One easy way to learn from experience is to stop accepting offers from people who are trying to dutch book you, but even without that many patterns of intransitive decision making that are exhibited during learning are not susceptible to dutch booking, because they converge over time to transitive ones. e.g. an agent playing a multi-armed bandit problem (this again assumes imperfect knowledge of probabilities which VNM theory assumes away so isn't strictly applicable, but it's a good example) will regularly swap its preferences between arms as it plays, exhibiting many cycles.
One reason these differ is assumed away by VNM theory, which is that you know the probabilities. In actual decision making, you learn the probabilities through making choices which refine your world model. e.g. if you look at a multi-armed bandit algorithm, even though it has a perfectly well defined utility function, it routinely reverses its decisions as it learns more about the distribution of results of pulling a particular lever.
Even with known probabilities, real agents will change their mind, because often the only way to know how to value something is to try it. If you offer me a Durian, I'm probably going to say yes. If you offer me a Durian a second time, I'm probably going to say no. This isn't inconsistency, it's just learning from experience.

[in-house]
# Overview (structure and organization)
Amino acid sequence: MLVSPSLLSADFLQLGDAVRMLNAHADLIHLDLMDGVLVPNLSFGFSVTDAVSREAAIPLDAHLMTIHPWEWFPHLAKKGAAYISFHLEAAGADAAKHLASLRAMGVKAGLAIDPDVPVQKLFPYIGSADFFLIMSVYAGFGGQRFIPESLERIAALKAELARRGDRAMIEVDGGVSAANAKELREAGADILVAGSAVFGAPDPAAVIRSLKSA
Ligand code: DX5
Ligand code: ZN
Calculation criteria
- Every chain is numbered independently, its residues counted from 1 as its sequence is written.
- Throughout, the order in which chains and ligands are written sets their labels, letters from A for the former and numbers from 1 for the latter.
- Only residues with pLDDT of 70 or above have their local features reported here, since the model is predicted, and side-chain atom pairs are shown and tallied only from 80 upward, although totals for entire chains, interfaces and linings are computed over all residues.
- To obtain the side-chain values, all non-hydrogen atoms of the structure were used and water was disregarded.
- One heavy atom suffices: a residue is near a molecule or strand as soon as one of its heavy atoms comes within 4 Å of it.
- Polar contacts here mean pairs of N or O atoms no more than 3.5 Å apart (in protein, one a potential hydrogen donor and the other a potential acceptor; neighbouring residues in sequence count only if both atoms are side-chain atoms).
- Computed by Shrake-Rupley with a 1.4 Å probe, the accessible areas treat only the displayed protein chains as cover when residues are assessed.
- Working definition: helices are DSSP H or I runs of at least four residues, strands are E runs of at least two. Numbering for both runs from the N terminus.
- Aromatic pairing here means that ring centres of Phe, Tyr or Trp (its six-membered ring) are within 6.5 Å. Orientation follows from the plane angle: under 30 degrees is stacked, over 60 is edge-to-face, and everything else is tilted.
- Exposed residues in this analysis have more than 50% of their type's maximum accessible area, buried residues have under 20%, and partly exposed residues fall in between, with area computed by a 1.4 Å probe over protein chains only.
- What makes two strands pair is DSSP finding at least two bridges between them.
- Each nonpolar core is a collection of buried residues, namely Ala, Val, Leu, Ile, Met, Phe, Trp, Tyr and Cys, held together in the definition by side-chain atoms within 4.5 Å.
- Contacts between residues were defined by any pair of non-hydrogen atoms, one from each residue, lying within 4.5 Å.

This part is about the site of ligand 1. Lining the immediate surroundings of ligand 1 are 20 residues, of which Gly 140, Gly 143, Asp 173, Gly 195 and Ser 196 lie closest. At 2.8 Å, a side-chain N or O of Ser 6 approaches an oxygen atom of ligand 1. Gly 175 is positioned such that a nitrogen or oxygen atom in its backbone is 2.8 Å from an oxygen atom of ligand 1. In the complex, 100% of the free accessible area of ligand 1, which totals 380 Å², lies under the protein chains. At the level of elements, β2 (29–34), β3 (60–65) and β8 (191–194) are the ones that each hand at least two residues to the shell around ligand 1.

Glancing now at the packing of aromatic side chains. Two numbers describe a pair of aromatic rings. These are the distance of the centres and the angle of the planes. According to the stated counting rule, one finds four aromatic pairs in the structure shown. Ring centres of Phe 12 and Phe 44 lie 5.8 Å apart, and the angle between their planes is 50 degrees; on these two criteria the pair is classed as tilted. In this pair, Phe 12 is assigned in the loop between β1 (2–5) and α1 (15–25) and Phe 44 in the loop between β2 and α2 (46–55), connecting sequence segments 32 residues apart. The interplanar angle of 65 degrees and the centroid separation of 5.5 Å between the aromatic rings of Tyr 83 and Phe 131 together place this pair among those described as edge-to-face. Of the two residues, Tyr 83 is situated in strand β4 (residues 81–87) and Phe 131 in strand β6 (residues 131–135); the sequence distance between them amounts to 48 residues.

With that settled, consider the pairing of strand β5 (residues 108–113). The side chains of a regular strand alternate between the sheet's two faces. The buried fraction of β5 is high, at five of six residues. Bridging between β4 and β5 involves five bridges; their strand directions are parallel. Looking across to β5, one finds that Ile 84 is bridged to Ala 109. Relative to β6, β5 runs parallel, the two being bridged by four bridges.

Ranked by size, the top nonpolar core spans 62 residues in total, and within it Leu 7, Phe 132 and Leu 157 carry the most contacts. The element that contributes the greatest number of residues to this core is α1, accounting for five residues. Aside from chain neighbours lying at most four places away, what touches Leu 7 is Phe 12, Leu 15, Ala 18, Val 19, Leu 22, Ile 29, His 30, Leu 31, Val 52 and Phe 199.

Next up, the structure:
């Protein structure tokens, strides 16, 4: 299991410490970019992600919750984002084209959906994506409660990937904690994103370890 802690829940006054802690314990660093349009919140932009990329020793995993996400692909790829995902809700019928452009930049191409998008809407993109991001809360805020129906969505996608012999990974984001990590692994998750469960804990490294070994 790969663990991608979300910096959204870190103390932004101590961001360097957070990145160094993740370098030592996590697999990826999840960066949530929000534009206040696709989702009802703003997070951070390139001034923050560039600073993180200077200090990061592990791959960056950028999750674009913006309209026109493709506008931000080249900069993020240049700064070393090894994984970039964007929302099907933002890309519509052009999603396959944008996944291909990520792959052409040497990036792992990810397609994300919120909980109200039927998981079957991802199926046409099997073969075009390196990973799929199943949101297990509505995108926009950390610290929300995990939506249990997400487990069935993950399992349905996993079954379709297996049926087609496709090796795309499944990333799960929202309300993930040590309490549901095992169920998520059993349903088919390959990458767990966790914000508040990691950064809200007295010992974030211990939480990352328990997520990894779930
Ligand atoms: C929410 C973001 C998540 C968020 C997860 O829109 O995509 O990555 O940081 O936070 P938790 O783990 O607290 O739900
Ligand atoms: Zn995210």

Another way decisions can change is because choices you make have actual consequences. For example, consider a betting agent. Given a choice between two monetary lotteries, one of which satisfies the Kelly criterion and one of which doesn't, they should pick the one that does, or in general the one that maximises the expected logarithm of their bankroll after making it, but then after the lottery is run their bankroll will be different, and so their future preferences will change.
Now, I already know the objection, VNM theory is about states of the world, not individual decisions, but this objection falls flat for several key reasons:
- It justifies the reasonableness of its assumptions based on patterns of decision making, not behaviour of preferences, because without any consequence for preferences anything goes.
- The number of possible states of the world is very large, which runs into the problem that it is poorly suited to large and unbounded domains, so it is also bad for this.
Where does VNM theory work?
Basically it doesn't. VNM theory is bad, even in situations where utility theory is good. It is a poor normative argument that people have taken far more seriously than it deserves, with most of its foundation points failing to actually be viable for real agents.
That doesn't mean utility theory is never useful. In general, people will converge over time to some sort of approximately utility maximising behaviour for some utility function in small domains that can be well understood and that have strong incentives for maximisation. Even there you will tend to run into the Fredkin's paradox problem, with significantly more nondeterminism at the decision margins than VNM theory would suggest.
It does mean however that in large unbounded high uncertainty environments with agents who learn their preferences over time and actually impact the state of the world, VNM theory cannot possibly predict their behaviour, and its claims to have normative force over their behaviour don't hold up.